As The NFL Negotiates a New Partner for NFL Sunday Ticket, Amazon Appears To Be In The Lead 

Last week, I talked to various individuals tied to the current negotiations between the NFL and CBS, NBC, ESPN and FOX as it pertains to broadcast TV and streaming rights for NFL content. Currently, FOX has the NFC conference rights and AFC conference rights are with CBS. NBC has “Sunday Night Football”, ESPN has “Monday Night Football” and FOX and the NFL Network have “Thursday Night Football”. ESPN’s deal with the NFL expires after the 2021 football season and all the other broadcast deals run through the 2022 season.

While there’s a lot of speculation on which broadcasters might get more or fewer games in the new deals for broadcast TV rights, (“rumored” to be valued at $100B across all networks for 8-10 years), I’m more interested in what the NFL will end up doing with the “NFL Sunday Ticket” package. It’s well known that the current NFL deal with DIRECTV (AT&T), which runs through the 2022 season, will not be renewed. This makes sense since AT&T is trying to sell off the DIRECTV business and I’m told the NFL no longer wants the restrictions that come from distributing the package via satellite, which is completely outdated, as is the current streaming experience.

DIRECTV extended their current contract with the NFL in 2014 and as we all know, seven years later, the business models for the packaging and distribution of video content has drastically changed. This leaves a new platform to become the NFL’s partner on selling a streaming package to consumers, without any legacy restrictions. Multiple people I spoke with said that while talks are still in the early stages, Amazon looks to be in the lead for the new digital direct-to-consumer offering of what is currently branded NFL Sunday Ticket.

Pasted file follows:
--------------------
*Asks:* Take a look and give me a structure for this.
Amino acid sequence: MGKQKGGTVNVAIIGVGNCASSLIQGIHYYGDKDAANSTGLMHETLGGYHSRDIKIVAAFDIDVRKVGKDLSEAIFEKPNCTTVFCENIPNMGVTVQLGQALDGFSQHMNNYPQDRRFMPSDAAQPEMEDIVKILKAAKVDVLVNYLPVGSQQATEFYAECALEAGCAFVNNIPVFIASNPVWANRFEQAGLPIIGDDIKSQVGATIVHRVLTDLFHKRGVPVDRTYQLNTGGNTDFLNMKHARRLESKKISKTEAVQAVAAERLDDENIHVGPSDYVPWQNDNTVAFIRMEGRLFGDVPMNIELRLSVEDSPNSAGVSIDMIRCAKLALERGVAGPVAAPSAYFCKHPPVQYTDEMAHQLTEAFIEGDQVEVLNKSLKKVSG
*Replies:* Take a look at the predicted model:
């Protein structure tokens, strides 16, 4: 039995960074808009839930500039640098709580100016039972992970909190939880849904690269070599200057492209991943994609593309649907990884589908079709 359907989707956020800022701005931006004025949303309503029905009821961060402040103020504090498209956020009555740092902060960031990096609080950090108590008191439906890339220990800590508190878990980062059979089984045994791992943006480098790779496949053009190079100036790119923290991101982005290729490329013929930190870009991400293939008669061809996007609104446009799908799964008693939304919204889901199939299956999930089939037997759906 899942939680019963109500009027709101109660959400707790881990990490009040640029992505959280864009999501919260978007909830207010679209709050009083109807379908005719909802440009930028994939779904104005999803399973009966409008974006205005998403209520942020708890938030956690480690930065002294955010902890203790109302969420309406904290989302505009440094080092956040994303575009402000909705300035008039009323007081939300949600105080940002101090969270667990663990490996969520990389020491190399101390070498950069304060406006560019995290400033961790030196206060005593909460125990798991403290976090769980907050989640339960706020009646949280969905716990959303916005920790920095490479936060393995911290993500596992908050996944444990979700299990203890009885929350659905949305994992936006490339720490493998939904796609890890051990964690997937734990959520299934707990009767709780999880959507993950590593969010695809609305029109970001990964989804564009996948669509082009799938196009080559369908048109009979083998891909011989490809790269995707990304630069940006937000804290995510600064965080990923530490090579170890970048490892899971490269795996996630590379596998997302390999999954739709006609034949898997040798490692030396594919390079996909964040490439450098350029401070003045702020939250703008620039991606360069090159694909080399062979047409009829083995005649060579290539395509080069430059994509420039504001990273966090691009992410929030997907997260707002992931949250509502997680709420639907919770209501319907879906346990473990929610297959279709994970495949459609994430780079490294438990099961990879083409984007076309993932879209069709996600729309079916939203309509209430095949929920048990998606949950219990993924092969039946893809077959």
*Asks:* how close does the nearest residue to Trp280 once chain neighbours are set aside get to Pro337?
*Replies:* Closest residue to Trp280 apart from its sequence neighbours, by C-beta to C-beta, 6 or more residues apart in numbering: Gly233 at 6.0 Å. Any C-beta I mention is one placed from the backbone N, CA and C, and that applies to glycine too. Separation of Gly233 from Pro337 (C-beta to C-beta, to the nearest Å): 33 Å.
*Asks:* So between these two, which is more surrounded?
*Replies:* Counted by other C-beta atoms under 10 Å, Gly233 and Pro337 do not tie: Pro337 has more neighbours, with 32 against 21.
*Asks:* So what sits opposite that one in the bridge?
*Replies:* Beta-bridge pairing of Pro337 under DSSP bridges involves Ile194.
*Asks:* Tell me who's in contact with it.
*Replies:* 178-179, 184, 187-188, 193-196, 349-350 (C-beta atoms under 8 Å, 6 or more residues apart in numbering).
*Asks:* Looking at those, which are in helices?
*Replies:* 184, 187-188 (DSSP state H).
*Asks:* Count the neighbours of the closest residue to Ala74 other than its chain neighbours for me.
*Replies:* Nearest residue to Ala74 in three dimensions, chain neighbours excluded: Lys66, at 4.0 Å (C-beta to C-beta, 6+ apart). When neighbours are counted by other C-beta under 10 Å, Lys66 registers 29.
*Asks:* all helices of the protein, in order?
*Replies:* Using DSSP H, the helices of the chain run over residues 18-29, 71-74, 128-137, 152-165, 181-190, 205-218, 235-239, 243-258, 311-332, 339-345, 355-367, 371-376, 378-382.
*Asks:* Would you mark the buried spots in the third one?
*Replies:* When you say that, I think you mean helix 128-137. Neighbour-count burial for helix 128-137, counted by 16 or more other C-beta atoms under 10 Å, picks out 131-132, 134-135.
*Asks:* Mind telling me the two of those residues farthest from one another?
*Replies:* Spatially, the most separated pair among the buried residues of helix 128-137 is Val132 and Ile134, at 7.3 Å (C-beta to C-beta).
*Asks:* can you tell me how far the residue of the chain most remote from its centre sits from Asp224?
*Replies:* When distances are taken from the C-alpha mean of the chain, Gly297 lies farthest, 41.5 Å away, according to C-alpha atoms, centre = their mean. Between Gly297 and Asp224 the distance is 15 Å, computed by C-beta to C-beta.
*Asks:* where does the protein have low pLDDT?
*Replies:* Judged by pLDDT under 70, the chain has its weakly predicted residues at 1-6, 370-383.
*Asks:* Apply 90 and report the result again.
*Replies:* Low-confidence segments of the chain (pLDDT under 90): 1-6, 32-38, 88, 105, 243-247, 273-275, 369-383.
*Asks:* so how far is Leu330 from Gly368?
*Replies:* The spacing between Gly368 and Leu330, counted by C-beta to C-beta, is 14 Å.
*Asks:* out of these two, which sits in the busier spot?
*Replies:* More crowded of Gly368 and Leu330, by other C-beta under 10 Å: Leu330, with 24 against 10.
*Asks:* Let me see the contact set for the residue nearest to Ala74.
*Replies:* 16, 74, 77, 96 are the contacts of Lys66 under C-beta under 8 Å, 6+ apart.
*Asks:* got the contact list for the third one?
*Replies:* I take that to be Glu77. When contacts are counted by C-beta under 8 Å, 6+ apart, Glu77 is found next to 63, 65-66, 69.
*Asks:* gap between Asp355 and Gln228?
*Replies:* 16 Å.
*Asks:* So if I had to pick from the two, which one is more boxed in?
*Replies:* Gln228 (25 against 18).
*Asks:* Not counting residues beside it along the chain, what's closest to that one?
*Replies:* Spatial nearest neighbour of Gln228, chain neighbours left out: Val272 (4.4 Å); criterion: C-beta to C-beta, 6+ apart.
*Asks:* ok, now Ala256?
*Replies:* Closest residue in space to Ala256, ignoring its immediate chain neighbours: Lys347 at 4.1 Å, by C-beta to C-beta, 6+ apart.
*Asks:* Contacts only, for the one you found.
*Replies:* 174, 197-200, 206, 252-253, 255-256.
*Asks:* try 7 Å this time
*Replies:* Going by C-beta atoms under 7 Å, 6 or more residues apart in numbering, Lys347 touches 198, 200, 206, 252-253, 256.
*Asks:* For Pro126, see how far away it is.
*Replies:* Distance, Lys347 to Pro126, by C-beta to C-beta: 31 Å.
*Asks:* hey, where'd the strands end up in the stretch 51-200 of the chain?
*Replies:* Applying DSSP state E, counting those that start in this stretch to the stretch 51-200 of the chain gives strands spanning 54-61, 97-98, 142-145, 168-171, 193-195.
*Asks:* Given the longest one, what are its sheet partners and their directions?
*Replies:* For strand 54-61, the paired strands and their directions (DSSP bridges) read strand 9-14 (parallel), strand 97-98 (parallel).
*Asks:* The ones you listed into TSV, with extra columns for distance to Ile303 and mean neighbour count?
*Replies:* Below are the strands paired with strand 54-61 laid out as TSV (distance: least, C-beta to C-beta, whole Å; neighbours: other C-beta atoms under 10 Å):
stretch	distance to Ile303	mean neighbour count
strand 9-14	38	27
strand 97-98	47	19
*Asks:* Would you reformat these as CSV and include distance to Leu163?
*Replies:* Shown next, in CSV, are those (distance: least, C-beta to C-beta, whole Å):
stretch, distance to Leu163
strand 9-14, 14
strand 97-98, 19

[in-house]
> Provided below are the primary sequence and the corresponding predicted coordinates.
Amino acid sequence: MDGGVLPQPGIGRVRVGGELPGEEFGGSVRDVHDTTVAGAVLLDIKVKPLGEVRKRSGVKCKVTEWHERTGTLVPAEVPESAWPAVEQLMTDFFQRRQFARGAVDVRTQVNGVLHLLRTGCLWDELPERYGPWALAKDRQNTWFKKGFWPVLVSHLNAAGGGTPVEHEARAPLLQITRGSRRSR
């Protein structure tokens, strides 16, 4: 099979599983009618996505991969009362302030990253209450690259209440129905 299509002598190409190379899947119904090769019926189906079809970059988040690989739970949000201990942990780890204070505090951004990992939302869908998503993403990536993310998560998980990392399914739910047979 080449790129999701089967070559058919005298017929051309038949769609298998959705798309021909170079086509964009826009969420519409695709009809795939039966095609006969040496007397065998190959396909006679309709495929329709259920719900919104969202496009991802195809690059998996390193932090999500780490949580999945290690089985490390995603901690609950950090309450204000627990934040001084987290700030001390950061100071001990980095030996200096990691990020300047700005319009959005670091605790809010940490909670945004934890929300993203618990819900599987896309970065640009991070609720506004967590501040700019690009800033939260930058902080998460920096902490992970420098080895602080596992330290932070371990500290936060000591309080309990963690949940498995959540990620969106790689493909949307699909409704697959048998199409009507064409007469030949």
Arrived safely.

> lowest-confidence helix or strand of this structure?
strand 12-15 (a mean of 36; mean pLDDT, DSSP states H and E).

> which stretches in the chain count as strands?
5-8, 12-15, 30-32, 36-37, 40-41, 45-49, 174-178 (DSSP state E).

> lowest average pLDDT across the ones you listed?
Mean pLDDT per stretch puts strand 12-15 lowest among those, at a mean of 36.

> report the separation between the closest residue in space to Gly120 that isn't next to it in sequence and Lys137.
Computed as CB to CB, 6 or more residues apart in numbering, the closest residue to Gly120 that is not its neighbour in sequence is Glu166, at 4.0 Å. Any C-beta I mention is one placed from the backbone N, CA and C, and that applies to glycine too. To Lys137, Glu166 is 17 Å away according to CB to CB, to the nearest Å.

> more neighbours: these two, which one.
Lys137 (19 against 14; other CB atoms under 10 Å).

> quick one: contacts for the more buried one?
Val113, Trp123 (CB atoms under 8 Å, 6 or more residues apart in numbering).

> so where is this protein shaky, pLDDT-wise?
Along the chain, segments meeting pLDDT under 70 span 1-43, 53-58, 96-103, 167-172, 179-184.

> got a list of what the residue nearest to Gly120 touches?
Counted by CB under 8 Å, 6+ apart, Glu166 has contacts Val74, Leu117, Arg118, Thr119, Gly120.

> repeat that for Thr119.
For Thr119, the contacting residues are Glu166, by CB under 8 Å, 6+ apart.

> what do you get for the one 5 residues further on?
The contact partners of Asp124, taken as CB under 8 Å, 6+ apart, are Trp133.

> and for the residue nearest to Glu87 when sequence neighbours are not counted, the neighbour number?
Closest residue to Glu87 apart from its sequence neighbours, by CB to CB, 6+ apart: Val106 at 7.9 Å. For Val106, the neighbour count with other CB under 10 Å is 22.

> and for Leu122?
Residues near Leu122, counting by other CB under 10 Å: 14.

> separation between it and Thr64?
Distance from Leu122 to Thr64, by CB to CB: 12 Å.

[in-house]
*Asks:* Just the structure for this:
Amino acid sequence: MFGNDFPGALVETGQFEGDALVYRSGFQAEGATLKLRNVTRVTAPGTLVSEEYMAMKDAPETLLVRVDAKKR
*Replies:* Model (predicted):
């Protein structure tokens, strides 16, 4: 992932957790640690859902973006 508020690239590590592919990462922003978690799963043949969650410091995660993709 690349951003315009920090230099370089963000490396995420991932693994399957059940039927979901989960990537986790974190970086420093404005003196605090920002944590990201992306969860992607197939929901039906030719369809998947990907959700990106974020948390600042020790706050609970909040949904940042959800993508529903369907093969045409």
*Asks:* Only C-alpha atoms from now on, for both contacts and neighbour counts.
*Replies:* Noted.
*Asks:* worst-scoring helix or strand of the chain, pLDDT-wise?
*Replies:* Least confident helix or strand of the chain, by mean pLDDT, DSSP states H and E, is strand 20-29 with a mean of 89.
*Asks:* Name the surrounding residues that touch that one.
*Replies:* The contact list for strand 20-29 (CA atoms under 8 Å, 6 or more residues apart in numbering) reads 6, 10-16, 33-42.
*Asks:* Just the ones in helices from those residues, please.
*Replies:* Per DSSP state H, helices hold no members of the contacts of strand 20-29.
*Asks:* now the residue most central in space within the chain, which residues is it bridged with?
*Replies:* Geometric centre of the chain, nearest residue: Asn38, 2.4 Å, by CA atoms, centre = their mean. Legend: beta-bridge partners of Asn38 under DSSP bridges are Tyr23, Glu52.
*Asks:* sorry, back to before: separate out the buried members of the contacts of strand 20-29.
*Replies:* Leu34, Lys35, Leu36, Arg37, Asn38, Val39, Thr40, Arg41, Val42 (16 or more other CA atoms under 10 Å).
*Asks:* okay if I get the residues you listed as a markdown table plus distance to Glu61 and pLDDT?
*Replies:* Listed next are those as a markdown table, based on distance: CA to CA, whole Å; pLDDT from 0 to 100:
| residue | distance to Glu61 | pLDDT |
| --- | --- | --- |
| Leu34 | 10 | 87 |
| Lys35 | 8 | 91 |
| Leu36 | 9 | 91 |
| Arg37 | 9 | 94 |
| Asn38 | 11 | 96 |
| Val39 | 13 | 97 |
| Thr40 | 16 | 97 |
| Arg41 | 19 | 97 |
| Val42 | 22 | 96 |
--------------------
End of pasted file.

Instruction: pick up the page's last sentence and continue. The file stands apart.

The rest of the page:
In 2020, Amazon signed a three-year agreement with the NFL to keep Amazon as the exclusive partner for live streaming Thursday Night Football games, 11 in total, and Amazon streamed an exclusive national regular-season game December 26, on Prime Video and Twitch. Sources tell me the NFL has been very happy with Amazon’s live streaming production of the 2020 NFL season, so it would be a natural fit for the NFL to extend their relationship with Amazon on a NFL-based streaming subscription product.

Of all the companies you would think of for such an offering, Amazon would make the most sense for the NFL since Amazon can put their marketing power behind it, already has subscriber’s payment info on file and has the resources to execute what would be a very complex video workflow on the backend. Prime Video and Twitch coverage of the NFL is already available to more than 150 million paid Prime members worldwide, and is in more than 240 countries and territories, so Amazon would give the NFL the widest distribution. I can easily imagine Amazon boxes showing up at my house printed with NFL Sunday Ticket promotions like we’ve seen Amazon do with content partners in the past (Minion boxes everywhere!).

Some have suggested Google, Facebook or even Disney, with their ESPN+ offering might be interested in the deal, but Disney would not take it on, nor are they setup to handle it. Even for broadcast TV rights, Disney is being cautious. On Disney’s Q4 2020 earnings call they were asked about the NFL renewal and said, “first priority will be to look and say does it make sense for shareholder value going forward?” Disney still has a lot of work ahead growing and maintaining their own D2C offerings, so building out an entirely new D2C product with the NFL simply isn’t doable for them from a technical stack standpoint.